In the course of a public K-12 education, how much money will be invested in the average California student? How much does a basic, public K-12 education actually cost?
Do you know? Can you guess?
I will answer the question in a moment. But first, I want to help you feel as uncomfortable as possible about the fact that you don't know. Because I bet you don't, and I think you should. After all, you are a voter and a taxpayer, and also the kind of person who cares about education, right? You may even think (as I do) that we should be willing to spend more, particularly in California.
Let's imagine a fictitious, average California public student. (For fun, and with apologies, let's call this student Alex, a name that is almost perfectly androgynous according to the Social Security Administration.) To remind ourselves that averages lie, let's remember that Average Alex is about half Latino, 50% poor, and of course about half male. Alex is also obese, but only on Tuesdays. Again: averages lie.
So how should we quantify the total investment in the education of Average Alex?
It's a trickier question than it might seem. Money for education comes from local, county, state and federal sources. The accounting to combine them is neither straightforward nor, apparently, the priority of anyone with a sense of urgency. The US Department of Education collects and publishes the data at the state level through the National Center for Education Statistics (NCES), but at a delay of about three years.
Based on the NCES figures, the total 13-year public investment in the education of California's Average Alex, adjusted for inflation, comes to about $122,000. [note: in 2012]
Most people raise their eyebrows at this number. It's enough to buy a small foreclosed-on house in Sacramento. It's more than double the annual income of the median household in America, which is about $50,000 per year. (My kids remember this chestnut as "50/50 over 50.") It's less than two years of salary for an average California teacher.
Money is only valuable for what it can buy, right?
How should we think about this number, now that we have it? Is it consistent with other states? Louisiana and Georgia spend about the same per student as California does. New York spends much more (over $210,000), but Mississippi spends less ($100,000).
Of course, these are very different places. Money is only valuable for what it can buy, right? Does the educational power of a dollar go farther in some states than others?
Of course it does. In fact, NCES publishes a data series that tries to provide a basis for evaluating the purchasing power of education budgets in different states. The Annie E. Casey foundation favors restating education expenditures to adjust for differences in local purchasing power. For example, California is an expensive place to hire college graduates - such as, well, teachers. Restating the figures makes it easier to rank state education expenditures meaningfully, and helps explains why California so consistently ranks toward the bottom. California is an expensive labor market, but it funds education as if it were an average labor market. That's why in the annual EdWeek ranking of state spending on education California shows up near the bottom of the list.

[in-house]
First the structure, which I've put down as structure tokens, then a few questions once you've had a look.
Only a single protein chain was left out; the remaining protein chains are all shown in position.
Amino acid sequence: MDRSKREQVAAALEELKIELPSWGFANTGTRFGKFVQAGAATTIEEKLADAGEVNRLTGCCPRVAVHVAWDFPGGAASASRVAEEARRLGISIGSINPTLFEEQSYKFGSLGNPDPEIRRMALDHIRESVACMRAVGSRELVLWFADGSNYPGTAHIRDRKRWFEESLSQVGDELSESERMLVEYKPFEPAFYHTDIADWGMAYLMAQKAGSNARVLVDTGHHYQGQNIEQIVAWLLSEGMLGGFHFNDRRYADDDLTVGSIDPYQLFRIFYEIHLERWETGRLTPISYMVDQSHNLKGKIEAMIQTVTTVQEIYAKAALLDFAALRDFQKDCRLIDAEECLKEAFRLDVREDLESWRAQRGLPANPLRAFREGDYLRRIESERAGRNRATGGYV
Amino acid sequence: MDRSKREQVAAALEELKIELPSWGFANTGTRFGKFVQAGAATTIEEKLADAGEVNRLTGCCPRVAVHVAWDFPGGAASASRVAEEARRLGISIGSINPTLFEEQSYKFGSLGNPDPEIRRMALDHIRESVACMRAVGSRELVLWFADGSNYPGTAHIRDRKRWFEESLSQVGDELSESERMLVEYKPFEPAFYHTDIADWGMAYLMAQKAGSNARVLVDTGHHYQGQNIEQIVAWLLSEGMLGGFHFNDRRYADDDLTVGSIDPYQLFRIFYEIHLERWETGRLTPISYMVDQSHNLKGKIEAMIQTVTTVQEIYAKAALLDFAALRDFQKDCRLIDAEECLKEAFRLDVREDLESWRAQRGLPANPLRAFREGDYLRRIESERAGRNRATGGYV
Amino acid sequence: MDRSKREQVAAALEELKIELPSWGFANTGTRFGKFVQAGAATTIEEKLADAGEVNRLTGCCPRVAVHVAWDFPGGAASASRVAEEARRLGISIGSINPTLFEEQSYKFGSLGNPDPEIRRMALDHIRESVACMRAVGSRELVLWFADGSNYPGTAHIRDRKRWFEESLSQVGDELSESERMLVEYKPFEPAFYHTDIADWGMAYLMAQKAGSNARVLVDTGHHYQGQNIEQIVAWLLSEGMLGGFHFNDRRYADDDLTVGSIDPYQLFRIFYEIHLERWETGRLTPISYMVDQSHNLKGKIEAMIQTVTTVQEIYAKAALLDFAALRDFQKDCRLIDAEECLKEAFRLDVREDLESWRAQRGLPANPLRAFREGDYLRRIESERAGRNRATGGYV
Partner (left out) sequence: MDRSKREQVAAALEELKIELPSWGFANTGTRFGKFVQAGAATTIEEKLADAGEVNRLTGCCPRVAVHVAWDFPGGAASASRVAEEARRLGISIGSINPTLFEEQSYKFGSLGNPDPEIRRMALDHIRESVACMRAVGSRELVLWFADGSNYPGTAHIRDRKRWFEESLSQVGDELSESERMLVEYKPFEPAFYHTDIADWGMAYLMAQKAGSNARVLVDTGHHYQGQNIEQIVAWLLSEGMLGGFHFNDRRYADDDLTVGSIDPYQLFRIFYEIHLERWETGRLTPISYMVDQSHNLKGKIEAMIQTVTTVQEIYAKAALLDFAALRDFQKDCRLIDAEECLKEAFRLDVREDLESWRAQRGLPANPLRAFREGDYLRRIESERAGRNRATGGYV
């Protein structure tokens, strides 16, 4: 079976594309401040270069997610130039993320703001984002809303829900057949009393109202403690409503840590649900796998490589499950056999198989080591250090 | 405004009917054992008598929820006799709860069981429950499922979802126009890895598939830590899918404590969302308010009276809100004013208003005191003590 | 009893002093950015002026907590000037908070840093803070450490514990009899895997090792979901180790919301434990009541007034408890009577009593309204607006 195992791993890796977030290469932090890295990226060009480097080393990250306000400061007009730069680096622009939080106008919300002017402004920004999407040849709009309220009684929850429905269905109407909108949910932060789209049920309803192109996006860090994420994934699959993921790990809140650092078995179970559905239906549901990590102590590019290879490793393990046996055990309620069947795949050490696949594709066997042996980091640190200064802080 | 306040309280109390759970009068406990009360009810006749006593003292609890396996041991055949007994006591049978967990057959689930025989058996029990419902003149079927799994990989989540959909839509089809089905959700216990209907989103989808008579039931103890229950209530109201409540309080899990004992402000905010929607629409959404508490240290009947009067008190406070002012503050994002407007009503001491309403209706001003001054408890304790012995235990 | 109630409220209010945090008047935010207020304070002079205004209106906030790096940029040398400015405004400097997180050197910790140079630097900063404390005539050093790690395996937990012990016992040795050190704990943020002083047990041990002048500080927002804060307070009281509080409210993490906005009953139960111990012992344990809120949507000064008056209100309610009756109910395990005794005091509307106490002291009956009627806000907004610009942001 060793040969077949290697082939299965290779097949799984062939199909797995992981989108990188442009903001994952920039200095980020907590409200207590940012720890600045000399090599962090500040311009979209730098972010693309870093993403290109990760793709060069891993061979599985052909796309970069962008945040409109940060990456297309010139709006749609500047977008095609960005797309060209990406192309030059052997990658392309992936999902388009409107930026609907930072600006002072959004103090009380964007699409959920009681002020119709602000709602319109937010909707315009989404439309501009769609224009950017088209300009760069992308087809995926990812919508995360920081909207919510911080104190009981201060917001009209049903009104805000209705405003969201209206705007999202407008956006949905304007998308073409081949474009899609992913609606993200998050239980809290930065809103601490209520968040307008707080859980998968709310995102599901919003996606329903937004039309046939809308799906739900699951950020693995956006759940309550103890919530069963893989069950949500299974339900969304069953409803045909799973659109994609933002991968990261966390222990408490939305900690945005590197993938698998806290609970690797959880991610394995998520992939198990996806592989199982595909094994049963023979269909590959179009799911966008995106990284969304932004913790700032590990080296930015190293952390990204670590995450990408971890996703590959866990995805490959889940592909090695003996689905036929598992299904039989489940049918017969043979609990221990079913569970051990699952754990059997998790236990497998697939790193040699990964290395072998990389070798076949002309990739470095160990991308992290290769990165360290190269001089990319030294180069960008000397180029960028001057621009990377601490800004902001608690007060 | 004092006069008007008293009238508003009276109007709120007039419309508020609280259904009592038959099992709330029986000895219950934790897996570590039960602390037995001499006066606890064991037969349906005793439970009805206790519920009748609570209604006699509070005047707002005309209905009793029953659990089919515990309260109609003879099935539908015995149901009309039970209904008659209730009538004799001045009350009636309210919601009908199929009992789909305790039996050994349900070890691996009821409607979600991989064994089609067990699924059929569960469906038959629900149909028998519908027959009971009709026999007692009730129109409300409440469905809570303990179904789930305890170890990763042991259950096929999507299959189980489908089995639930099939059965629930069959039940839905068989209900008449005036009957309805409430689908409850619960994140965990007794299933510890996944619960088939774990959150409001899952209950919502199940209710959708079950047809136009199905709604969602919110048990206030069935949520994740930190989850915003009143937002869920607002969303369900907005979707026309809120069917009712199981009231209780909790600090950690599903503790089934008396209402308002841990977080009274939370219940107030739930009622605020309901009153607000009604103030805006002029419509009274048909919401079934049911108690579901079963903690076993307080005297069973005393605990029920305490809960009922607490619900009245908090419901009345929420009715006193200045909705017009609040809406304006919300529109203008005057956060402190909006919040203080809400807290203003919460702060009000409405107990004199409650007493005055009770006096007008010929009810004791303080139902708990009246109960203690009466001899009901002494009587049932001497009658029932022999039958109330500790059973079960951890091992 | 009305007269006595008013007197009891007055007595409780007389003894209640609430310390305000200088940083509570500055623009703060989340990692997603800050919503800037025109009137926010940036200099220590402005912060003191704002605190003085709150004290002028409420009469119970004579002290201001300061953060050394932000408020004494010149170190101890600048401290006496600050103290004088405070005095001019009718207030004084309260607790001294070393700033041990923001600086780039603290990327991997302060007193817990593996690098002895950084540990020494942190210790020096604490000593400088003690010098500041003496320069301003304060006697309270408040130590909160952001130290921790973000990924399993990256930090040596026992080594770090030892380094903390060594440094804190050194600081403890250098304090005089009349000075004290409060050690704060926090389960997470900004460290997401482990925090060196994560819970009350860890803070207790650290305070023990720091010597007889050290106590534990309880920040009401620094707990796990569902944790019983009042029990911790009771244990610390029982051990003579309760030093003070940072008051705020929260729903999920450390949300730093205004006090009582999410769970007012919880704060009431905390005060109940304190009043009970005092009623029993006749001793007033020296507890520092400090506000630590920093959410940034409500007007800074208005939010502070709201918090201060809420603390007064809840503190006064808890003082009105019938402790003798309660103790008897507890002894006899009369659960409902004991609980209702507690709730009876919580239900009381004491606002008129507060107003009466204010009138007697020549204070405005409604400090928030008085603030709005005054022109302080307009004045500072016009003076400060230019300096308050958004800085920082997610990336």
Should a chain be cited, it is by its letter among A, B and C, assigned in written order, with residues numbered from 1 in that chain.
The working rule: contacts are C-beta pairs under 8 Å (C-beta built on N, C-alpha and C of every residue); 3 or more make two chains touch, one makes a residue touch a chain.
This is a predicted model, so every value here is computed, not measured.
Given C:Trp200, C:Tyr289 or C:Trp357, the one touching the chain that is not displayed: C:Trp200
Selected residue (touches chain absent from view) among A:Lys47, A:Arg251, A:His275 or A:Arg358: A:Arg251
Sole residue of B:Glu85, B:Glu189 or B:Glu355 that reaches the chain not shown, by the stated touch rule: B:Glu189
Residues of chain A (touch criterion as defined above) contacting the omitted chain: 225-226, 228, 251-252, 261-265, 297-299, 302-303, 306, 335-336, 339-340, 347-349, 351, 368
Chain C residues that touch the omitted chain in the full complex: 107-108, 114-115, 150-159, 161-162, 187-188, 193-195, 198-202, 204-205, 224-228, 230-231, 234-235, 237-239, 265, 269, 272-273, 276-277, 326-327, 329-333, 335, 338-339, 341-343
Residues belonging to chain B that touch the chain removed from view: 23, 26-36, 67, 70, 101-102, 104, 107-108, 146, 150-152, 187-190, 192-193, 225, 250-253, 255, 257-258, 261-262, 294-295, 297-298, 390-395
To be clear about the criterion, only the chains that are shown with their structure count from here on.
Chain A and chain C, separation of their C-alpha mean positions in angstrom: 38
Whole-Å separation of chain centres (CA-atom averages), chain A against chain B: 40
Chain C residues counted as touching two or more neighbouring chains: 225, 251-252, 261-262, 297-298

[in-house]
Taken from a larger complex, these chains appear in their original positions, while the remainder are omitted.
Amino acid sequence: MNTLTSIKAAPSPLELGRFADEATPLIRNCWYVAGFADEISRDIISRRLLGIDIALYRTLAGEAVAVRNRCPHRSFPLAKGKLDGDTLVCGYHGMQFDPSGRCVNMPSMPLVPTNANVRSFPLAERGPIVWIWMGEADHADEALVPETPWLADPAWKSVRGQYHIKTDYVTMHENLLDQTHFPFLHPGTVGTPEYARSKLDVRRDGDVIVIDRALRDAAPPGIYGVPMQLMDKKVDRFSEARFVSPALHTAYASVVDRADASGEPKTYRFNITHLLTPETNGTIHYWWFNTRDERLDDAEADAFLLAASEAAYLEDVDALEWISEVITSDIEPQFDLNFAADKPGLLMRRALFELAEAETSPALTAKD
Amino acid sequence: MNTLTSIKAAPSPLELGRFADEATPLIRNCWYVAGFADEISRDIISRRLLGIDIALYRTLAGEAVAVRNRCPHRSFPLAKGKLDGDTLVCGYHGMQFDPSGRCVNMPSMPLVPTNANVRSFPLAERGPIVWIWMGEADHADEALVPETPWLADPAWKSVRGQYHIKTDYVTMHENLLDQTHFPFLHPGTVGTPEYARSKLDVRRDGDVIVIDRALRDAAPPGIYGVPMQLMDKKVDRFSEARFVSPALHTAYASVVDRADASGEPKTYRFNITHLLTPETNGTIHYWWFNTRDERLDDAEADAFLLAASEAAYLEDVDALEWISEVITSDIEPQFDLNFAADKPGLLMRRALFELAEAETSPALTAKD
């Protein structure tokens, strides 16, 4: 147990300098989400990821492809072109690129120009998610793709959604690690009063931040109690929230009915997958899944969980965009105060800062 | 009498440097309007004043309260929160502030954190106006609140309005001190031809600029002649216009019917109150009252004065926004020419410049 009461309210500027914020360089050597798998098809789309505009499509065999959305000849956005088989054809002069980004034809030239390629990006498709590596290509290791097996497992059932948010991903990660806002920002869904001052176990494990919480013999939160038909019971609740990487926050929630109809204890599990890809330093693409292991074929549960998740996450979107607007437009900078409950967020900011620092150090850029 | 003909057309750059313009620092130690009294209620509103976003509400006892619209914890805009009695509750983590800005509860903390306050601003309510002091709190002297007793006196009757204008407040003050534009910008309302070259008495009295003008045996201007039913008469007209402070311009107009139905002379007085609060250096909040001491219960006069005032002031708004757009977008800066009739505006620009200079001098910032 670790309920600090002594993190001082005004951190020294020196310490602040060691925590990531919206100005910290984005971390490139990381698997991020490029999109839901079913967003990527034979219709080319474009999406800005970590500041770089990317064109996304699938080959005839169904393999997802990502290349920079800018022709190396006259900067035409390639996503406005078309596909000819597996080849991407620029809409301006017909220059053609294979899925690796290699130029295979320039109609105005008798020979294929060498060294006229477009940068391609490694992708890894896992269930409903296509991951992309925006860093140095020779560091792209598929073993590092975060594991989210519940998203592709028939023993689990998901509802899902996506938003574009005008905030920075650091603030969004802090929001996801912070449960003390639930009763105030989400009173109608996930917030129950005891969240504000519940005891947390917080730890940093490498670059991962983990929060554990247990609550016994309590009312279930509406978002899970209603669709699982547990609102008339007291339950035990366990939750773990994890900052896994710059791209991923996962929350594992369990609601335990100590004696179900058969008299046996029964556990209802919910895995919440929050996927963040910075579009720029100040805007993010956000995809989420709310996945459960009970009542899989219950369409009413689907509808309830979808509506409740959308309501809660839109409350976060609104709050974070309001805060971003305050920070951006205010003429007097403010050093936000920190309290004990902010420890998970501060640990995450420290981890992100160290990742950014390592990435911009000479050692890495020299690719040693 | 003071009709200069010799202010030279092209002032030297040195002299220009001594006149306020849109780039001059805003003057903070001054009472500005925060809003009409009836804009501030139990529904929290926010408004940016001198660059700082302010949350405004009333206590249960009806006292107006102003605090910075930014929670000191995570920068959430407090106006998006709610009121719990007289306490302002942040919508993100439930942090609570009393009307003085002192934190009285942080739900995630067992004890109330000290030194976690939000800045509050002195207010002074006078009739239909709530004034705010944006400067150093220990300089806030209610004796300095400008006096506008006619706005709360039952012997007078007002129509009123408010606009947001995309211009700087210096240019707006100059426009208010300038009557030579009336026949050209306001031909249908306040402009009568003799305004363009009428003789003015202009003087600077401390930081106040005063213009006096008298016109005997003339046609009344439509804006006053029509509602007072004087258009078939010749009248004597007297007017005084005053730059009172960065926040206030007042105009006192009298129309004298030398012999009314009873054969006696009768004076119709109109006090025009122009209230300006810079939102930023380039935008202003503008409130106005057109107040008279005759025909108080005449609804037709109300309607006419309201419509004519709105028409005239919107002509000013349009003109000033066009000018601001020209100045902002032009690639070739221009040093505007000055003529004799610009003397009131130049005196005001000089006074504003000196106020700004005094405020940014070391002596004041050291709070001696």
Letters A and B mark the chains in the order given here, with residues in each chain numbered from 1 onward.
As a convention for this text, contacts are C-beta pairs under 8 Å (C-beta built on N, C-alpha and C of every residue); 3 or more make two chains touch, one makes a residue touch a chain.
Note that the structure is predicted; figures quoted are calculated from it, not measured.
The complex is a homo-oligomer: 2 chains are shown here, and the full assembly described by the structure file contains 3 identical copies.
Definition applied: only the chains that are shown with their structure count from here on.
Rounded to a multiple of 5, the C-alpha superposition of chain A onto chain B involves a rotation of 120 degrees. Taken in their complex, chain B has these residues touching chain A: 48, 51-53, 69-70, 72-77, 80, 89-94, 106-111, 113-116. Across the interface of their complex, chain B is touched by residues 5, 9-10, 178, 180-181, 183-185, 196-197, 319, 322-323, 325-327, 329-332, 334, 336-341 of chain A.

The sheer size of these numbers makes them hard to use. What does it mean to invest an average of $122,000 per student in K-12 education? How much is it, really? Compared to the average lifetime economic contribution of a participating, tax-paying adult (about $4 million) it is a small figure. How can this knowledge help us think differently?
To think about the value of $122,000 over 13 years, it is useful to break the number up. Average Alex spends close to six hours a day in class for up to 180 days per year - a total of slightly over 1,000 hours of class time. What is the investment per student per instructional hour?
It turns out that the average expenditure per student hour in California is just a bit over the minimum wage: about $8/hour. This way of thinking about our investment in education is provocative, and has some advantages. Time in school is a precious commodity, but we rarely put a value on it. Having a dollars-per-hour approximation of the cost of kids' time allows us to re-imagine students as workers, and teachers as managers. The $8 per hour rule of thumb can also help to spur discussion about the real cost of activities that use time - some discussion prompts are suggested below.
Imagining a par value per hour of a student's time also can help to quantify the value of time beyond the classroom. A major difference between students that come from families of wealth and families in poverty is how they spend time outside of school. What is the value of time students spend on homework or engaged in out-of-school learning? As a rough guess, one could do worse than assume minimum wage.
Join the Discussion
- What is the cost of a school-wide assembly?
- What is the value of engaging more students in a way that shifts them from "off-task" to "on-task" behavior?
- In what other ways could investment in education be re-imagined?
- What is the most valuable part of a student's day in your school?
- Could this way of thinking help your school make choices about how to use time?
For additional thoughts about the use of time in education, see the "Time" chapter in Ed100.org. The chart featured on this post is adapted from the EdSource "States in Motion" series of interactive data visualizations. This is an updated and extended version of a post that first appeared on EdSource.
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